If you want to review the amount and types of cases prevalent in your state you can find it here.
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This is a question we ask often, and it tends to take people by surprise. Why? Because they are not sure. After 25+ years of conducting HR investigations, I understand the reasons why we don’t continue to talk with employees after an investigation is complete. It’s better to let sleeping dogs lie. Or is it?
As HR is finding new focus on strengthening company culture as a strategic step toward more effective recruiting, retention, engagement and employee development, we are finding new and better ways of receiving feedback from employees on their total work experience. Unfortunately, this does not yet seem to have made its way to matters of accountability, investigations and discipline as discussed in The HR Happy Hour Podcast.
In our company, we talk to HR professionals about their investigation practices every day. And we see consistent patterns in the feedback we receive about the investigation process. But when we ask how employees feel after an investigation, there is often silence. Some will say, “Nobody feels good after an investigation”. We’ve even heard strong statements such as, “Just the word investigation makes our employees feel like criminals”. And there are those times we hear, “I think they feel okay about it”. But wouldn’t it be better to know how they feel rather than to guess?
Small Changes have a Big Affect
Bad feelings fester. It’s just part of being human. Think about how you feel after a conflict, argument, bad customer service experience or even simply being cut off in traffic. That anger and frustration carries with you for some time. Now think of the relief you feel when the person who cut you off waves and says sorry, or the sales person apologizes and says they didn’t mean to snap at you, they got stuck working a double shift and are just exhausted. This immediately changes how you feel about the incident.
Asking for feedback after an HR investigation does not need to be another big task on your list of things you simply don’t have time for. It can be as easy as creating a brief email template that you send out to every participant each time you complete an investigation. Here’s a sample you can use to get started.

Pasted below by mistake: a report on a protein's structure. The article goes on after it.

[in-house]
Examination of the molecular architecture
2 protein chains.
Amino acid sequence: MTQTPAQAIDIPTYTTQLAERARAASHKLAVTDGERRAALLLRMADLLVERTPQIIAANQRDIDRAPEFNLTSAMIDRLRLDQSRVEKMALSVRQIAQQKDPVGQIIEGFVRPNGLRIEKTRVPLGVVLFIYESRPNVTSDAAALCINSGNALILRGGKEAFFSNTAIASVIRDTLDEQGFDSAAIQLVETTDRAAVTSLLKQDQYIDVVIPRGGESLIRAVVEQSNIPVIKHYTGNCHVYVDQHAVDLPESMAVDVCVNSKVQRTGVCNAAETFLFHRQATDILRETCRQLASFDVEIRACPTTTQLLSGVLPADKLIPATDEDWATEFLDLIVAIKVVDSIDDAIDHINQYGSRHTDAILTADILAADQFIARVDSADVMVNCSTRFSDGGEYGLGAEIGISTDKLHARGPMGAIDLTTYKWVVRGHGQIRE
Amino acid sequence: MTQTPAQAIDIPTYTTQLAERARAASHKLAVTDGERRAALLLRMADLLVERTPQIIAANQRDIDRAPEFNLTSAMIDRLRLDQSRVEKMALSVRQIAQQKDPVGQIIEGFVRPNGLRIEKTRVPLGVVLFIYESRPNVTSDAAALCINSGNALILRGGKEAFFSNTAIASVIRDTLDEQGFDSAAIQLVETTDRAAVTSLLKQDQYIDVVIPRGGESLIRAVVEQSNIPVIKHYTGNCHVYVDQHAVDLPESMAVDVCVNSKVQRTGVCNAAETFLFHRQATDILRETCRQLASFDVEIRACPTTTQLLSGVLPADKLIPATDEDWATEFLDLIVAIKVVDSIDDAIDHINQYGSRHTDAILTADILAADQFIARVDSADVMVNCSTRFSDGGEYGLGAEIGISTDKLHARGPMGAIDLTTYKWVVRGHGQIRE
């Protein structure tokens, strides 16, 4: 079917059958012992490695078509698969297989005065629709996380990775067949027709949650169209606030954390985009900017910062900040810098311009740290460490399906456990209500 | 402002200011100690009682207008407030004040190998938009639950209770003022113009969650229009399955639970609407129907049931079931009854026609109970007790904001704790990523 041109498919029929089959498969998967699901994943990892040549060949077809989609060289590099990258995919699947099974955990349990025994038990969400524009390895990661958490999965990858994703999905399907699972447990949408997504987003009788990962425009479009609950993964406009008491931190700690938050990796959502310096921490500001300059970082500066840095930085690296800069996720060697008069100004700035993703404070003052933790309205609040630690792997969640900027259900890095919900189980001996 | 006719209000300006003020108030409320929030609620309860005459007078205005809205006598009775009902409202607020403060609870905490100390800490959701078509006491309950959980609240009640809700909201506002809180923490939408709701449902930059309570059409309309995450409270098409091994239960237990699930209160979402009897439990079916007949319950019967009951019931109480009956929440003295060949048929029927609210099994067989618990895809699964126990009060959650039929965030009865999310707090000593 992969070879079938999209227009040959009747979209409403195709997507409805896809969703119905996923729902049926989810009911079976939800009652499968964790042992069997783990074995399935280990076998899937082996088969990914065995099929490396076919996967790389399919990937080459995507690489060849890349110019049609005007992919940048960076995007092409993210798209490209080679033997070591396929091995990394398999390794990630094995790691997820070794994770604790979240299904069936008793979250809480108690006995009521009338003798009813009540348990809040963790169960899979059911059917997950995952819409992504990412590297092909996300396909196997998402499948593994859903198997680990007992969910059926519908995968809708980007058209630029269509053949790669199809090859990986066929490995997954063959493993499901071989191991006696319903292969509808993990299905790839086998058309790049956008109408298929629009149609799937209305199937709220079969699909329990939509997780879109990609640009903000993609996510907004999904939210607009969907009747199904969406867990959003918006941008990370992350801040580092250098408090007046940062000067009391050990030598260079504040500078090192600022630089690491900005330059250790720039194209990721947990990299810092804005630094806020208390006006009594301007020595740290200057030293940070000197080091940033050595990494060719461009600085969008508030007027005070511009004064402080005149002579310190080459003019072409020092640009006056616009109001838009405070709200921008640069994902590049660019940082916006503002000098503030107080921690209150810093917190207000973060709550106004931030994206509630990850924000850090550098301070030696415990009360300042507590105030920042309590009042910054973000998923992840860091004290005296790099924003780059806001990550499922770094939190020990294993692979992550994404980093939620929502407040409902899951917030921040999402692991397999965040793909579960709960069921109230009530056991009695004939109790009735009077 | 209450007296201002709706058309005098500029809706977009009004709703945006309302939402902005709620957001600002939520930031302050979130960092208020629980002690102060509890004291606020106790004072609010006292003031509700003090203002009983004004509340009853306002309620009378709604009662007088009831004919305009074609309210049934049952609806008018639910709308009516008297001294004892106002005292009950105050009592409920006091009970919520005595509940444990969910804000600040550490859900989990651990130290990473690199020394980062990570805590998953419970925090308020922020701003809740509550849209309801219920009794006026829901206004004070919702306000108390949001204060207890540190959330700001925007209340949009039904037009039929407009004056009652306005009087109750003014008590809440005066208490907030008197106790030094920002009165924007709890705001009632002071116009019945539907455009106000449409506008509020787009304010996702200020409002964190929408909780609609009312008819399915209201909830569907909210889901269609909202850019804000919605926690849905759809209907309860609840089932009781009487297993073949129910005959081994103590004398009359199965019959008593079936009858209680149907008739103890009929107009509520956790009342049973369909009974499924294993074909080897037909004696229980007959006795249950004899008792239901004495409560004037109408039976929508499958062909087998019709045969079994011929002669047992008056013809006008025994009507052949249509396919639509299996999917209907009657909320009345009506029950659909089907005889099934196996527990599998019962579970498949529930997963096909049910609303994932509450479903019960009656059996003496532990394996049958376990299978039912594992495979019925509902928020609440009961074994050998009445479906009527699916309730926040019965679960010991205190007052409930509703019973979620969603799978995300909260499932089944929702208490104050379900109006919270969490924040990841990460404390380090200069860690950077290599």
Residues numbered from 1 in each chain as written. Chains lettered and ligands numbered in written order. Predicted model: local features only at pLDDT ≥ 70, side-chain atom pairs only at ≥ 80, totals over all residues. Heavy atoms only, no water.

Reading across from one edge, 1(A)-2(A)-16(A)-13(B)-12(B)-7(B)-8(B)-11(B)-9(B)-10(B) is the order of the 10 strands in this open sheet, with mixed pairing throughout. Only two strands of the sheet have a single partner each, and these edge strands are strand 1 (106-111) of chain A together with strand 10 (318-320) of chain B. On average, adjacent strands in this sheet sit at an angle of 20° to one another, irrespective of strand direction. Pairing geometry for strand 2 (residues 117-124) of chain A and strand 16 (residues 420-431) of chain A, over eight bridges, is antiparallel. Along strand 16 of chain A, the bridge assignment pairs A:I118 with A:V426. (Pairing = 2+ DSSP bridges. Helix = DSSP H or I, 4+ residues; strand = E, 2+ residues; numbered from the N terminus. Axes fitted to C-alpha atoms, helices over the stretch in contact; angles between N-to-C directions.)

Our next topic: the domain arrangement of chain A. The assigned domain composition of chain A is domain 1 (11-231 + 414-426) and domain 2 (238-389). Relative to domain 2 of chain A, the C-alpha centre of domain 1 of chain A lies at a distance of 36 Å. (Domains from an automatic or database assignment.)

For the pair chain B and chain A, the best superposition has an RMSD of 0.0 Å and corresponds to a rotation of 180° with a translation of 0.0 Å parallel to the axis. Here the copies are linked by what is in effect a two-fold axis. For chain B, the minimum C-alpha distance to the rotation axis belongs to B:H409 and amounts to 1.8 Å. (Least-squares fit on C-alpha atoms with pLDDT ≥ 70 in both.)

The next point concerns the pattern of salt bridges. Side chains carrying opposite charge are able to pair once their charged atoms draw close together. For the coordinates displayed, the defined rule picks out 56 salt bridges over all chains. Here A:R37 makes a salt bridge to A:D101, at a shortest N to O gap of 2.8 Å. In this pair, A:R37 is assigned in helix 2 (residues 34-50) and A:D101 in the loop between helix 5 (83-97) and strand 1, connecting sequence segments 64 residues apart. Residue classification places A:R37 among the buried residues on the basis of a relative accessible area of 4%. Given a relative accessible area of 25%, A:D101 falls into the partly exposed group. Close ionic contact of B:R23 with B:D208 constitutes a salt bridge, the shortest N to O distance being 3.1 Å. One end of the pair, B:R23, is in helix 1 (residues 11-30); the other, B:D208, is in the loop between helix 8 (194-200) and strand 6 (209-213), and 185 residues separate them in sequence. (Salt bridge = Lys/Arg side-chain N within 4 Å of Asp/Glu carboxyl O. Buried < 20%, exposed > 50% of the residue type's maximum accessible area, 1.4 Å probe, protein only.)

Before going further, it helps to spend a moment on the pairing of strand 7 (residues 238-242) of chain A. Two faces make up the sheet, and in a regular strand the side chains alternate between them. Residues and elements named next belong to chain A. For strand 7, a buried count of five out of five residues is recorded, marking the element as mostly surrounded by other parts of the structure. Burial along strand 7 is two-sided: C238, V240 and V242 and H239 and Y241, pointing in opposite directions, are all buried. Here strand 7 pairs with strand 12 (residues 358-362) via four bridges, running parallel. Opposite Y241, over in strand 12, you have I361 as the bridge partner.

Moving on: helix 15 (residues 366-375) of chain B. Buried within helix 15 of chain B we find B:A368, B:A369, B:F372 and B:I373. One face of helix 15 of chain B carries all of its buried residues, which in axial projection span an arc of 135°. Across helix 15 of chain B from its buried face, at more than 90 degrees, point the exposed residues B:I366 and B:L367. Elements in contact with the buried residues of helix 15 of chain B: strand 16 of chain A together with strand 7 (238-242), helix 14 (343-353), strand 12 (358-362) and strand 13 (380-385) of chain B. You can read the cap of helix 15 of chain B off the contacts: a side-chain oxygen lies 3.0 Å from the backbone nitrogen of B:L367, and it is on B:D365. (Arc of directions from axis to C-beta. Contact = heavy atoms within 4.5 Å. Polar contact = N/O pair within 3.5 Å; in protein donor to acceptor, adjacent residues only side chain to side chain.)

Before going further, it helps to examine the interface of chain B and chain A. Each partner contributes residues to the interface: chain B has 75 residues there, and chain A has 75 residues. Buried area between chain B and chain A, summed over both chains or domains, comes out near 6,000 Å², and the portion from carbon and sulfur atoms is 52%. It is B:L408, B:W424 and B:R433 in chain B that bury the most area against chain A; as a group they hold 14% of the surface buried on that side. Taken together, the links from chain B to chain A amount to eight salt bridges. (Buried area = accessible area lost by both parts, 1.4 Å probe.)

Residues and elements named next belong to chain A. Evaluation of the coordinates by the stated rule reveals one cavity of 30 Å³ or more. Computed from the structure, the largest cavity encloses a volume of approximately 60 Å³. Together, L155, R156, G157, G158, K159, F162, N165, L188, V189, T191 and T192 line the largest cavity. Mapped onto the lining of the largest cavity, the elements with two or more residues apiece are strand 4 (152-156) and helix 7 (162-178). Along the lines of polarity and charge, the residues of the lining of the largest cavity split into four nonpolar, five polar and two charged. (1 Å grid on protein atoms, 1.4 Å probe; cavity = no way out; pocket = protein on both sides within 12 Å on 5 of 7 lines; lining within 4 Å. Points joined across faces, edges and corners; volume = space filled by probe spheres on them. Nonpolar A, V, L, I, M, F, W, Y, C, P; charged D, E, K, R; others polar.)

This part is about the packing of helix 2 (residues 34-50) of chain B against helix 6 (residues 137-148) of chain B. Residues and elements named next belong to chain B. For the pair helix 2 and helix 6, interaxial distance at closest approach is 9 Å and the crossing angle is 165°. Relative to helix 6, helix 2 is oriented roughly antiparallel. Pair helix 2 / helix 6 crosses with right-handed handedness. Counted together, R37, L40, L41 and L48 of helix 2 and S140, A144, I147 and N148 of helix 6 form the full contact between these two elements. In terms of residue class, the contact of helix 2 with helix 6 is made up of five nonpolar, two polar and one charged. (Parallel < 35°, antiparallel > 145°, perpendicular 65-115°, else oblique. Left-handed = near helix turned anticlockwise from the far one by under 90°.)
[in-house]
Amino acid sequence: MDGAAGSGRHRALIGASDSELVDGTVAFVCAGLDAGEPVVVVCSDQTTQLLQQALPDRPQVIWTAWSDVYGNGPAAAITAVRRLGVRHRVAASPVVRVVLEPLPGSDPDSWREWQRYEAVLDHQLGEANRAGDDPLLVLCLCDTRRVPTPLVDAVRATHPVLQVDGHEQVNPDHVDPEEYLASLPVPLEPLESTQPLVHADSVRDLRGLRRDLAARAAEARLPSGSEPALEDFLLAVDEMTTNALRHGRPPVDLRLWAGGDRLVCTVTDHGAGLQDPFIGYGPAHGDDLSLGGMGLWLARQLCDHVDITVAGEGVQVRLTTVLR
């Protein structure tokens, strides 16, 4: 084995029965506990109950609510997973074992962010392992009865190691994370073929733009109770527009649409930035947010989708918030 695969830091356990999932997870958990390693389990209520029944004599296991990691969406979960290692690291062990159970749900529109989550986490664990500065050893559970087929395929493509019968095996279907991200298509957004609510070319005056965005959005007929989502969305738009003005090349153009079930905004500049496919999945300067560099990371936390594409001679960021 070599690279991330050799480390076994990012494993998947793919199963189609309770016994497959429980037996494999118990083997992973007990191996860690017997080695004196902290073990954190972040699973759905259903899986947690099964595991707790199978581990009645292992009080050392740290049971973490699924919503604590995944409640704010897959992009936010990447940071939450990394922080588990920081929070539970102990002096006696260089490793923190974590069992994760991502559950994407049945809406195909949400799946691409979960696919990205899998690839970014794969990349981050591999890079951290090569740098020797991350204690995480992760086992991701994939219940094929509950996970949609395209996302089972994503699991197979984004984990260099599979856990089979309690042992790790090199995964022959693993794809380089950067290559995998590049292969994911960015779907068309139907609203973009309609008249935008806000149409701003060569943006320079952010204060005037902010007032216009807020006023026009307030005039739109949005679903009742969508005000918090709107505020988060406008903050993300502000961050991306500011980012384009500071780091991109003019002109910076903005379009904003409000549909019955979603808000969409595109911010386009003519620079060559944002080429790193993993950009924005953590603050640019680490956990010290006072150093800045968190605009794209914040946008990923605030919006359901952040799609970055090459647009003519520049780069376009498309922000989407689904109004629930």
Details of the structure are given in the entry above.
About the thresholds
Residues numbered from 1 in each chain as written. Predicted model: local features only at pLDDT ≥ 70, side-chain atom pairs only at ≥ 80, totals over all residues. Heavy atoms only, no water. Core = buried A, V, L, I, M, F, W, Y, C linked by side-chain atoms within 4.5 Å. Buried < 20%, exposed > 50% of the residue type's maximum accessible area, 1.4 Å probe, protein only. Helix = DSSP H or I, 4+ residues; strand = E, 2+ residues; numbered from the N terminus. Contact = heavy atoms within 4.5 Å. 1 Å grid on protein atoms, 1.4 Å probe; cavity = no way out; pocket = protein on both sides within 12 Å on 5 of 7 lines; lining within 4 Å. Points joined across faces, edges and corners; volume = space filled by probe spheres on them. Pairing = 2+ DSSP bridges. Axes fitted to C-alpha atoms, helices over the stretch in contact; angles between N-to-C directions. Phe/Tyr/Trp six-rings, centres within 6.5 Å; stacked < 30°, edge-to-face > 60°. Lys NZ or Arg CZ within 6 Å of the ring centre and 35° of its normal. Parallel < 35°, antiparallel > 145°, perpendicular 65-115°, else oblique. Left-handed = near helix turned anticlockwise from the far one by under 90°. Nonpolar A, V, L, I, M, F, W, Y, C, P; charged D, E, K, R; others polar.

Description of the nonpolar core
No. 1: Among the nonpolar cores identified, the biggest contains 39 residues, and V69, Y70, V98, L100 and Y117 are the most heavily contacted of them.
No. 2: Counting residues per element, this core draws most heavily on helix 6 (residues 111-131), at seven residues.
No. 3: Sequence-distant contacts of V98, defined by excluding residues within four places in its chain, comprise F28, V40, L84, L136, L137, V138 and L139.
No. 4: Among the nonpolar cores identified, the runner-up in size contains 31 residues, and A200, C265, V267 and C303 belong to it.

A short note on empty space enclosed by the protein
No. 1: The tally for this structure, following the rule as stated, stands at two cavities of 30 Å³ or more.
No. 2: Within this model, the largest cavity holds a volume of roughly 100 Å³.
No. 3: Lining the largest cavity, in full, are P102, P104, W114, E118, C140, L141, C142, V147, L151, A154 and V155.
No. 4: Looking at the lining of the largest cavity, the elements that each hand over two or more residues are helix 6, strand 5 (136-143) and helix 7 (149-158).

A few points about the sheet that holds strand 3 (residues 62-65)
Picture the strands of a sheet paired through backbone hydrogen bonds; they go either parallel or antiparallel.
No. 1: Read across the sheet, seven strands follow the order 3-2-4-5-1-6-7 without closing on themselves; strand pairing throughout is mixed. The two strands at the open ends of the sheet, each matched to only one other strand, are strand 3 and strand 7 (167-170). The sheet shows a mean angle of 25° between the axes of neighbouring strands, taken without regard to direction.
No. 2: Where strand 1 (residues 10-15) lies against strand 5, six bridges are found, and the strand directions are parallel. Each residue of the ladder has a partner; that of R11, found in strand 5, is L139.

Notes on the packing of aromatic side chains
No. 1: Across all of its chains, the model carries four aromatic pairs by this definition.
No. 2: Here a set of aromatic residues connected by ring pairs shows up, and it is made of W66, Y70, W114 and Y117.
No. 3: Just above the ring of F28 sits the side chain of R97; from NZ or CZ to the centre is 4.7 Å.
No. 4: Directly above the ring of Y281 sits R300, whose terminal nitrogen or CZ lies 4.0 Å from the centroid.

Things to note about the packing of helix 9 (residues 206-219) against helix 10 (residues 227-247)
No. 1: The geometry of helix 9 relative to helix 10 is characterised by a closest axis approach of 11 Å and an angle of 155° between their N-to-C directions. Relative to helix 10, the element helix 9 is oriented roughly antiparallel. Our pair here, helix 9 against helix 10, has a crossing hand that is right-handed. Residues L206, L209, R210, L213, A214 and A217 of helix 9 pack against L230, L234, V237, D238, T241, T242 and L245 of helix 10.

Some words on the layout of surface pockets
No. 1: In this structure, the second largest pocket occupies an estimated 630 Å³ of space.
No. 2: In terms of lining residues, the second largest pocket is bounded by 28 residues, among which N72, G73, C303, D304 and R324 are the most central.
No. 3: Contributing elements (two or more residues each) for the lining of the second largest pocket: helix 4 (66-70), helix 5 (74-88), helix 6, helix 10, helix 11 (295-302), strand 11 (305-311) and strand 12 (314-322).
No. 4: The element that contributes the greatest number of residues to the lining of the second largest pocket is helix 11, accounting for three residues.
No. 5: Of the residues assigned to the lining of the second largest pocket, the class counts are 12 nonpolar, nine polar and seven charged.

HR Investigation Follow Up Sample Letter
I wanted to take a moment to thank you for participating in the investigation we just concluded because I understand it can be a bit uncomfortable at times. The process is here to ensure our workplace is fair, safe and respectful for everyone. So, if you could please take a moment to reply and respond to the three questions below, I would really appreciate your opinions. The information will not be shared and will provide me with the insight needed to continue to refine and improve the investigation process moving forward. Thanks for your time.
- Was the investigation process what you had expected from the beginning?
- At any point in the investigation did you feel disrespected, uncomfortable or unsafe?
- Do you have any suggestions on how the investigation could have been a better experience for you?
If you would like to talk in person, please let me know and we can schedule a few minutes. Thank you again.
If you conduct post investigation feedback or have any questions on how this works, please comment below so we can all benefit from each other’s experience.
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Join our CEO, Dana Barbato, as the guest of HR Happy Hour for this important and timely topic.
Dana shared some of the most important things to remember when carrying out effective investigations, and how modern technologies can assist HR leaders in creating the consistency needed to undertake the investigative process, and reach the best and most fair outcomes.